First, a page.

// prevent image drag (Firefox)
        e.preventDefault();
        startTime = e.timeStamp;
        startX = e.originalEvent.touches ? e.originalEvent.touches[0].pageX : e.pageX;
    })
The "touchstart" or "mousedown" event code contains the following:

"e.preventDefault()" prevents the image drag function in Firefox which actually makes you think you're dragging the image instead of swiping. Now we define "startTime" and "startX" as the start time and position of the swipe. The "startX" needs to get the position of the touch from the touches variable, but only the first one. We don't want to swipe if there are multiple touches (gestures) but it shouldn't work anyway since we're not binding to the gestures event.
.bind(endEvent, function(e){
    startTime = 0;
    startX = 0;
})
Now the "touchend" or "mouseup" event code only clears the start time and position variables. The reason for this, which was a fun and painful lesson, is that these events don't fire when your mouse/finger leaves the element or goes off the screen. So the actual swipe calculations are done in the move event functions.

.bind(moveEvent, function(e){
    e.preventDefault();
    var currentX = e.originalEvent.touches ? e.originalEvent.touches[0].pageX : e.pageX,
        currentDistance = (startX === 0) ? 0 : Math.abs(currentX - startX),
        // allow if movement < 1 sec
        currentTime = e.timeStamp;
    if (startTime !== 0 && currentTime - startTime < maxTime && currentDistance > maxDistance) {
        if (currentX < startX) {
            // swipe left code here
            target.find('h1').html('Swipe Left').fadeIn();
            setTimeout(function(){
                target.find('h1').fadeOut();
            }, 1000);
        }
        if (currentX > startX) {
            // swipe right code here
            target.find('h1').html('Swipe Right').fadeIn();
            setTimeout(function(){
                target.find('h1').fadeOut();
            }, 1000);
        }
        startTime = 0;
        startX = 0;
    }
});

The "touchmove" or "mousemove" events is where the main portion of this swipe code exists. Again, we want to prevent the default functionality of the move/drag. The "currentX" variable is set with the current x position of the finger/mouse. Again, the x position is obtained from the touches variable, if available. The difference "currentDistance" between the starting x and current x position is then determined. We need the absolute value of this number (ignore the negative sign if it is there) to see if it is more than the "maxDistance" variable. Also here is another trick to make sure the move event is occurring after a start event, check to make sure the starting x position isn't zero. If it is, set the "currentDistance" variable to zero. We also need determine the "currentTime" current time of the move event.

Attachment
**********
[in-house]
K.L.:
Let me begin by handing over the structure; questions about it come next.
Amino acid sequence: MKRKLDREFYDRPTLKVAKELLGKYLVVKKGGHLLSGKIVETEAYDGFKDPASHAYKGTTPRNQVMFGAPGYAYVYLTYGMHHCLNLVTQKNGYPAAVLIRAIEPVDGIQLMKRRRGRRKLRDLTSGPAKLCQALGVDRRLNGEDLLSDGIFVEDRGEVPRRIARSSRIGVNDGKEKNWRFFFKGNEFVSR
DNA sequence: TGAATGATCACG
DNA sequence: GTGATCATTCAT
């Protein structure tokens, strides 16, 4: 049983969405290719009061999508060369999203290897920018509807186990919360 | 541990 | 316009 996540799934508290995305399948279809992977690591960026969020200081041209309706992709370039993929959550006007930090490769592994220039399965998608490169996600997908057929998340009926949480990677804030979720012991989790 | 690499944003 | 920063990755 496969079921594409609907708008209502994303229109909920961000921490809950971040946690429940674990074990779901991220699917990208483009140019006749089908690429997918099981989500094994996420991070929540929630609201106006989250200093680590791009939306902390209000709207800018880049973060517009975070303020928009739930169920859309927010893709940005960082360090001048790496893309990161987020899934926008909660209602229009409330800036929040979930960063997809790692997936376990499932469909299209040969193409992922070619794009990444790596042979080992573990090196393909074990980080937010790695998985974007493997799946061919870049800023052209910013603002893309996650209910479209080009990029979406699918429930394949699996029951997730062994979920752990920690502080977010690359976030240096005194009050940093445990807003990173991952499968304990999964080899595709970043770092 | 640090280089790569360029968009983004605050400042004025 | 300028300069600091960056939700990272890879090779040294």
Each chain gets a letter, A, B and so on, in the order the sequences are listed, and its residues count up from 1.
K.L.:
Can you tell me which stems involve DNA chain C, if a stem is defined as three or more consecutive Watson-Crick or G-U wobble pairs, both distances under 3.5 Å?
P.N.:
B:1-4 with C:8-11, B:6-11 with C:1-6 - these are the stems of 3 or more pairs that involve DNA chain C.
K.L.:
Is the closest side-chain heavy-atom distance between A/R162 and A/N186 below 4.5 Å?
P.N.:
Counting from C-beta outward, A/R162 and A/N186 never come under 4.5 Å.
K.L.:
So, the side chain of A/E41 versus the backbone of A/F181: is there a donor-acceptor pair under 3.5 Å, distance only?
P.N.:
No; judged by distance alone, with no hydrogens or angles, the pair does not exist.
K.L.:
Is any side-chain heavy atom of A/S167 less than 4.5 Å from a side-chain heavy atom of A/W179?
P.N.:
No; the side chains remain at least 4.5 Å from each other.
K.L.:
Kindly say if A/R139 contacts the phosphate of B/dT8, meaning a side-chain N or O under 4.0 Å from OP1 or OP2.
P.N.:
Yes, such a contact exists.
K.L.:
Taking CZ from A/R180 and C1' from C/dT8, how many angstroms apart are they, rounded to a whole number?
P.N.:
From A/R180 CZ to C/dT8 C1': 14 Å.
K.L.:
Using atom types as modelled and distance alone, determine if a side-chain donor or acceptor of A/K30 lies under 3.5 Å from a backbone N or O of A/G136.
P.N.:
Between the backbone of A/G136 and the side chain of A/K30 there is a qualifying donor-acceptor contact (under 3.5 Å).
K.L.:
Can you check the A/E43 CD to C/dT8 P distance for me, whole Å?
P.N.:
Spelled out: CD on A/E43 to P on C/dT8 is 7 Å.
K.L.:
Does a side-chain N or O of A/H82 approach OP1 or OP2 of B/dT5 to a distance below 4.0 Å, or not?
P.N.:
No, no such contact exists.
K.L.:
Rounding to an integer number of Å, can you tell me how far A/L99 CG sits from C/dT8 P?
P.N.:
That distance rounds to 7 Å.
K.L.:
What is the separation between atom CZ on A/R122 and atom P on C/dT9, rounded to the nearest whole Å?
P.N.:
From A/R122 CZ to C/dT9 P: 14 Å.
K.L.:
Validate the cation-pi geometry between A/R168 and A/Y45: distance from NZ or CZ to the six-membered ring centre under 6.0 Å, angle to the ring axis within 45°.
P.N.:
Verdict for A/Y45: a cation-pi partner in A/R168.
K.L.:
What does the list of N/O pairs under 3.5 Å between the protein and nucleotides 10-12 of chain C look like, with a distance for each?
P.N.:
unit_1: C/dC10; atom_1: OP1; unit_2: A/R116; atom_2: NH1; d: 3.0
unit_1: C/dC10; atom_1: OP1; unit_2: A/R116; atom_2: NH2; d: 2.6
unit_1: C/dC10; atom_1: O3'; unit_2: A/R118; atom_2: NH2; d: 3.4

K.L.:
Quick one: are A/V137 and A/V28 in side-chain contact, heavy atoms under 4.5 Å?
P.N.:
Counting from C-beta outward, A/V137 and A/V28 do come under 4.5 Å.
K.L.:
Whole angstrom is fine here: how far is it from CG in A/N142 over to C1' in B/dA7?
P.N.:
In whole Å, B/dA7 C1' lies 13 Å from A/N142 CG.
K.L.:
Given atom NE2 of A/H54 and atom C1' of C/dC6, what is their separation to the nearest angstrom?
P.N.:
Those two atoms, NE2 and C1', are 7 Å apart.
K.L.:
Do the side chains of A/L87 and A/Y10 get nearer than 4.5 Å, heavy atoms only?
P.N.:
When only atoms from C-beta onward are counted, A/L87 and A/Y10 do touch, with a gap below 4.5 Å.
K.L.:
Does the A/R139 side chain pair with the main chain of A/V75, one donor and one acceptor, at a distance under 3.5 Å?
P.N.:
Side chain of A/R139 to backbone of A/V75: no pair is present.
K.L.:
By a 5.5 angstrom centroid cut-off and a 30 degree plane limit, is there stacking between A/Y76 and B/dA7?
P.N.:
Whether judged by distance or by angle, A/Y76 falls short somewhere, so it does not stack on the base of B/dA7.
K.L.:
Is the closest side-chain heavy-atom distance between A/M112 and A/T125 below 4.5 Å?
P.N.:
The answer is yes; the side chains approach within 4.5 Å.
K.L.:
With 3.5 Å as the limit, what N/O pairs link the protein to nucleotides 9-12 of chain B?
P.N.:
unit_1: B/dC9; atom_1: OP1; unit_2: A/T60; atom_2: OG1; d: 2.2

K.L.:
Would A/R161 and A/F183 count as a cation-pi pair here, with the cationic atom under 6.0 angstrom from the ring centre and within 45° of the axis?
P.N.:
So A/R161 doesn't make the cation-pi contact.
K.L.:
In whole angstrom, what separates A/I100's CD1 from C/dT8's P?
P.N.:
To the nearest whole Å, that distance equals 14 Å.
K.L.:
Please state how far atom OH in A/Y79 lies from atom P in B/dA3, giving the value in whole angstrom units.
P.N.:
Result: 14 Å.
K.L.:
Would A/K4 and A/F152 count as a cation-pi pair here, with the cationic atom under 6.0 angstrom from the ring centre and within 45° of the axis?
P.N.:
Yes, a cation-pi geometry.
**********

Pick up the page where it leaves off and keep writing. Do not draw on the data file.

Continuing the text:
Now, we check to make sure the move event occurred after a start event. This can happen is the start event occurs outside of the element or window. So, first we make sure the "startTime" isn't zero, then we check that the time difference from start to current time is less than one second. And finally, we check that the current distance is more than the max distance setting. If it is, then we have a swipe!

YAY finally a swipe! Now to just figure out if it was going to the right or left. We do this by comparing the current position "currentX" to the starting position "startX"; if the current position is less than the start, then it's a swipe to the left and if it is greater, then the swipe was to the right.

Last but not least, we set the start time and position back to zero to prevent multiple firing of the swipe event.

I hope everything had a clear enough explanation. Please feel free to leave a comment or email me (gmail with wowmotty as the user) with questions or if you need further clarification.